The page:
The more you breed them, the better they produce and they have few health problems if you are doing it correctly. It's a good, lean meat and they will breed their own replacement does...you can keep a male without offending the neighbors as well. For urban life, I always suggest rabbits as a supplemental protein source. They need very little to thrive and produce healthy meat for you and anyone else with whom you wish to share. They are much more quiet to kill than chickens and can indeed be done right in your kitchen and won't put feathers all over your house in their death throes.
 
Jason Lindsay
Posts: 54
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Just do it.
This is my first year with them and I can't be more pissed about how easy and cheap it is compared to what i expected.
The number of years missed... oh well. Anyway we have 15 with the garden fenced off so they only get couple hours a night there but they have two backyards to forage (neighbor loves it, we were lucky). They are now full grown and due to foraging use about 100 lbs a month of feed. For us that's $23. Bedding about $6 for 3 months. Coop cost $500 but only because it is an addition to the house otherwise would have been free. We get 3-9 eggs a day averaging about 4 dozen a week.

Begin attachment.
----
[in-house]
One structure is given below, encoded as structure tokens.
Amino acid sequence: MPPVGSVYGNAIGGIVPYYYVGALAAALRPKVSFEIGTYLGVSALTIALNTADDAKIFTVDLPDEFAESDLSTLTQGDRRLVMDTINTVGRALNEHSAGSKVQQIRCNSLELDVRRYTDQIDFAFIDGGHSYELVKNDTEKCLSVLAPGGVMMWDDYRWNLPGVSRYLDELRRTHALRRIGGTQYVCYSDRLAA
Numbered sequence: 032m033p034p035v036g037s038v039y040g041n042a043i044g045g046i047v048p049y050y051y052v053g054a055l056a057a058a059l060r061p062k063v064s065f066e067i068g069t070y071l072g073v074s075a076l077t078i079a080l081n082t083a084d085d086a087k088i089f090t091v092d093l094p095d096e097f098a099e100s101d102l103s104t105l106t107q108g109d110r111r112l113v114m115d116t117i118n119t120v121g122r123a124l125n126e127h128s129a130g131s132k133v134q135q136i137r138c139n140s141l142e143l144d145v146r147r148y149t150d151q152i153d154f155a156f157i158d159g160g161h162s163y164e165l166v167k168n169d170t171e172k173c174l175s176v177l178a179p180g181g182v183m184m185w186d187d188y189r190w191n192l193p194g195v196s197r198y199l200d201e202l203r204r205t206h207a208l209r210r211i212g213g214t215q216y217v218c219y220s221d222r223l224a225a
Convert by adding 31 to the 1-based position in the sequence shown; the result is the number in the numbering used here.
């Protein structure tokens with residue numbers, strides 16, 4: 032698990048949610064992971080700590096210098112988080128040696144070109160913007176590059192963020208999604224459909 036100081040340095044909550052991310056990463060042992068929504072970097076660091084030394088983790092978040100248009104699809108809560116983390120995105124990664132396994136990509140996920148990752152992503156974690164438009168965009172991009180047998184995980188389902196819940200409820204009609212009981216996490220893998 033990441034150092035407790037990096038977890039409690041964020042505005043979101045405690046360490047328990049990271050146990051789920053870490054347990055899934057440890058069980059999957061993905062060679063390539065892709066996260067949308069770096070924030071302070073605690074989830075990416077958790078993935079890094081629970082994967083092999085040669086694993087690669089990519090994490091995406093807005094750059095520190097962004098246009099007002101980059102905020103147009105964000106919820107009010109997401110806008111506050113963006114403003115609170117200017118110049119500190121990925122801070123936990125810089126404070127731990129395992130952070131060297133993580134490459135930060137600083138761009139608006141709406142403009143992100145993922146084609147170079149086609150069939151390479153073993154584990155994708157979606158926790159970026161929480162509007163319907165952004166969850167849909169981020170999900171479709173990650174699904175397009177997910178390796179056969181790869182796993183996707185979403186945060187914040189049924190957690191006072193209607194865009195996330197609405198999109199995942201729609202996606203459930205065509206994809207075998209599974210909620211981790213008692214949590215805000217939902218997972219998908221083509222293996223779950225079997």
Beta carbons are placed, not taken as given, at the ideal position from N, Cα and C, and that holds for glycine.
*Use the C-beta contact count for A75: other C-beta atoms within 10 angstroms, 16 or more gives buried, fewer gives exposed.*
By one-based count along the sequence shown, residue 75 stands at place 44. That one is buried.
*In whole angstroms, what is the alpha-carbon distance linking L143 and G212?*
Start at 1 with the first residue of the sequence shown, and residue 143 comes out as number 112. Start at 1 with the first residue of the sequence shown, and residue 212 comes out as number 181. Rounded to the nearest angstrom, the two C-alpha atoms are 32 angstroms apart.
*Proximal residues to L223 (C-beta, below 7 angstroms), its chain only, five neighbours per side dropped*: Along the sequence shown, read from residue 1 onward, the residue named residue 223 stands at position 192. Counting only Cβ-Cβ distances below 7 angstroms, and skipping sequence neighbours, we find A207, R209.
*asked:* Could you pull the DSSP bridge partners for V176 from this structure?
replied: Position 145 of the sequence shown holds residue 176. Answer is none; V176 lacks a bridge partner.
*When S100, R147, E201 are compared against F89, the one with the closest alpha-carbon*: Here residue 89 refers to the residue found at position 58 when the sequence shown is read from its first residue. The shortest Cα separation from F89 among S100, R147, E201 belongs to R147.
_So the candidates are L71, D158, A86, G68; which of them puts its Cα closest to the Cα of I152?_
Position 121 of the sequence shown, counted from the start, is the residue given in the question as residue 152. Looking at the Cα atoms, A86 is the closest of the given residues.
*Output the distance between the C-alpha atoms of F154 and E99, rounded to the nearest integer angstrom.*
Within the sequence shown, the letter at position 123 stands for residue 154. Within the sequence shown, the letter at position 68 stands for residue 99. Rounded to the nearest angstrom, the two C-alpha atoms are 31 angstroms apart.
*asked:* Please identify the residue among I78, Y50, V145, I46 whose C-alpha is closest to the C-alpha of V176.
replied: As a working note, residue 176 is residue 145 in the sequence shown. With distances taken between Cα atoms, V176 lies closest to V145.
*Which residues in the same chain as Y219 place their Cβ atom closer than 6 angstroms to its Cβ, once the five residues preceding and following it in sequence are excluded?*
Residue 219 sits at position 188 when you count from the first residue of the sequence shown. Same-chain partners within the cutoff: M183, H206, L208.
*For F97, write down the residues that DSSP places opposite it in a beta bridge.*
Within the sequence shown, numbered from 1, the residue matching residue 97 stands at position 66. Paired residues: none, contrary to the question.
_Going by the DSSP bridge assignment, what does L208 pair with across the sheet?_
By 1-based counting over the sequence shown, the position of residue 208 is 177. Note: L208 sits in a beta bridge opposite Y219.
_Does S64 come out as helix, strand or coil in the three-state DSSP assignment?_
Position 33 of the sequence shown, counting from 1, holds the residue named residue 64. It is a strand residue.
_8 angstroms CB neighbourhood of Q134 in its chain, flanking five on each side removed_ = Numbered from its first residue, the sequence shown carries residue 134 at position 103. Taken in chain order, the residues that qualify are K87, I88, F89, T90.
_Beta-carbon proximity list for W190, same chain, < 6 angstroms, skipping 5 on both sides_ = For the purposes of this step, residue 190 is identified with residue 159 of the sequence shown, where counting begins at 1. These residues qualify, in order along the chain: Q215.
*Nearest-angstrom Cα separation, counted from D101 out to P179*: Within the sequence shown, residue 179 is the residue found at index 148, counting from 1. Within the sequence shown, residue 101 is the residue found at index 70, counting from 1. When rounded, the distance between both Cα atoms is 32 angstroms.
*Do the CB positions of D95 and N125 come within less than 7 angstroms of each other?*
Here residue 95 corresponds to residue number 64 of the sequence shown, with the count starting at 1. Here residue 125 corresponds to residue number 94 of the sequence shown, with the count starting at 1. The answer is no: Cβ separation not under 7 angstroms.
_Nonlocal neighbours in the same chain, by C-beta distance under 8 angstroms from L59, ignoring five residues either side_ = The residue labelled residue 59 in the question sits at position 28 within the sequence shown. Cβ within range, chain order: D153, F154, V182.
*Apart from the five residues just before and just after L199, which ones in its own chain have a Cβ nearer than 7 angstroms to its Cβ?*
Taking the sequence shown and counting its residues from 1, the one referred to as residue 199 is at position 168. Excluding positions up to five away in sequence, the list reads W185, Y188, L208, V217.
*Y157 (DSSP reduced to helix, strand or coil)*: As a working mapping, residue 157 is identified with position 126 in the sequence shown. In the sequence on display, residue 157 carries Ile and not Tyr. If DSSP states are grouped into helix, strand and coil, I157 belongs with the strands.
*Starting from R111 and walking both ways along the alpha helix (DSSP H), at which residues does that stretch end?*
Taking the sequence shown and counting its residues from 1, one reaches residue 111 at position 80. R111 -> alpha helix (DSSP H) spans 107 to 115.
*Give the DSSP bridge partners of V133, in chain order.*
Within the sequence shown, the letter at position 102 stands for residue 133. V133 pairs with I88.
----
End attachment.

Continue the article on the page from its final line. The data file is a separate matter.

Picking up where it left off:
I don't care about comparing to shitty dollar dozen store eggs because they don't count. These eggs in a store go for 3-5 dollars and you still have to be wary. So $4 x 16 doz = $64 before tax. Do the math.
Also just so fun and awesome watching them.
We have our bantam old english game hen known as "fierce mothers" (our only banty) raising two 6 day olds she hatched herself and they are already outside sunning and dustbathing and they sleep under the roosters wing at night.
I don't care who you are, you can't beat that with anything.
Hope this helps, love to all, jason
Ps feel free to pick my brain for any details, I was very observant through the whole process and had to change plans and learn constantly.
 
Jason Lindsay
Posts: 54
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I forgot to mention that we only eat at most 2 dozen a week the rest go to neighbors and family.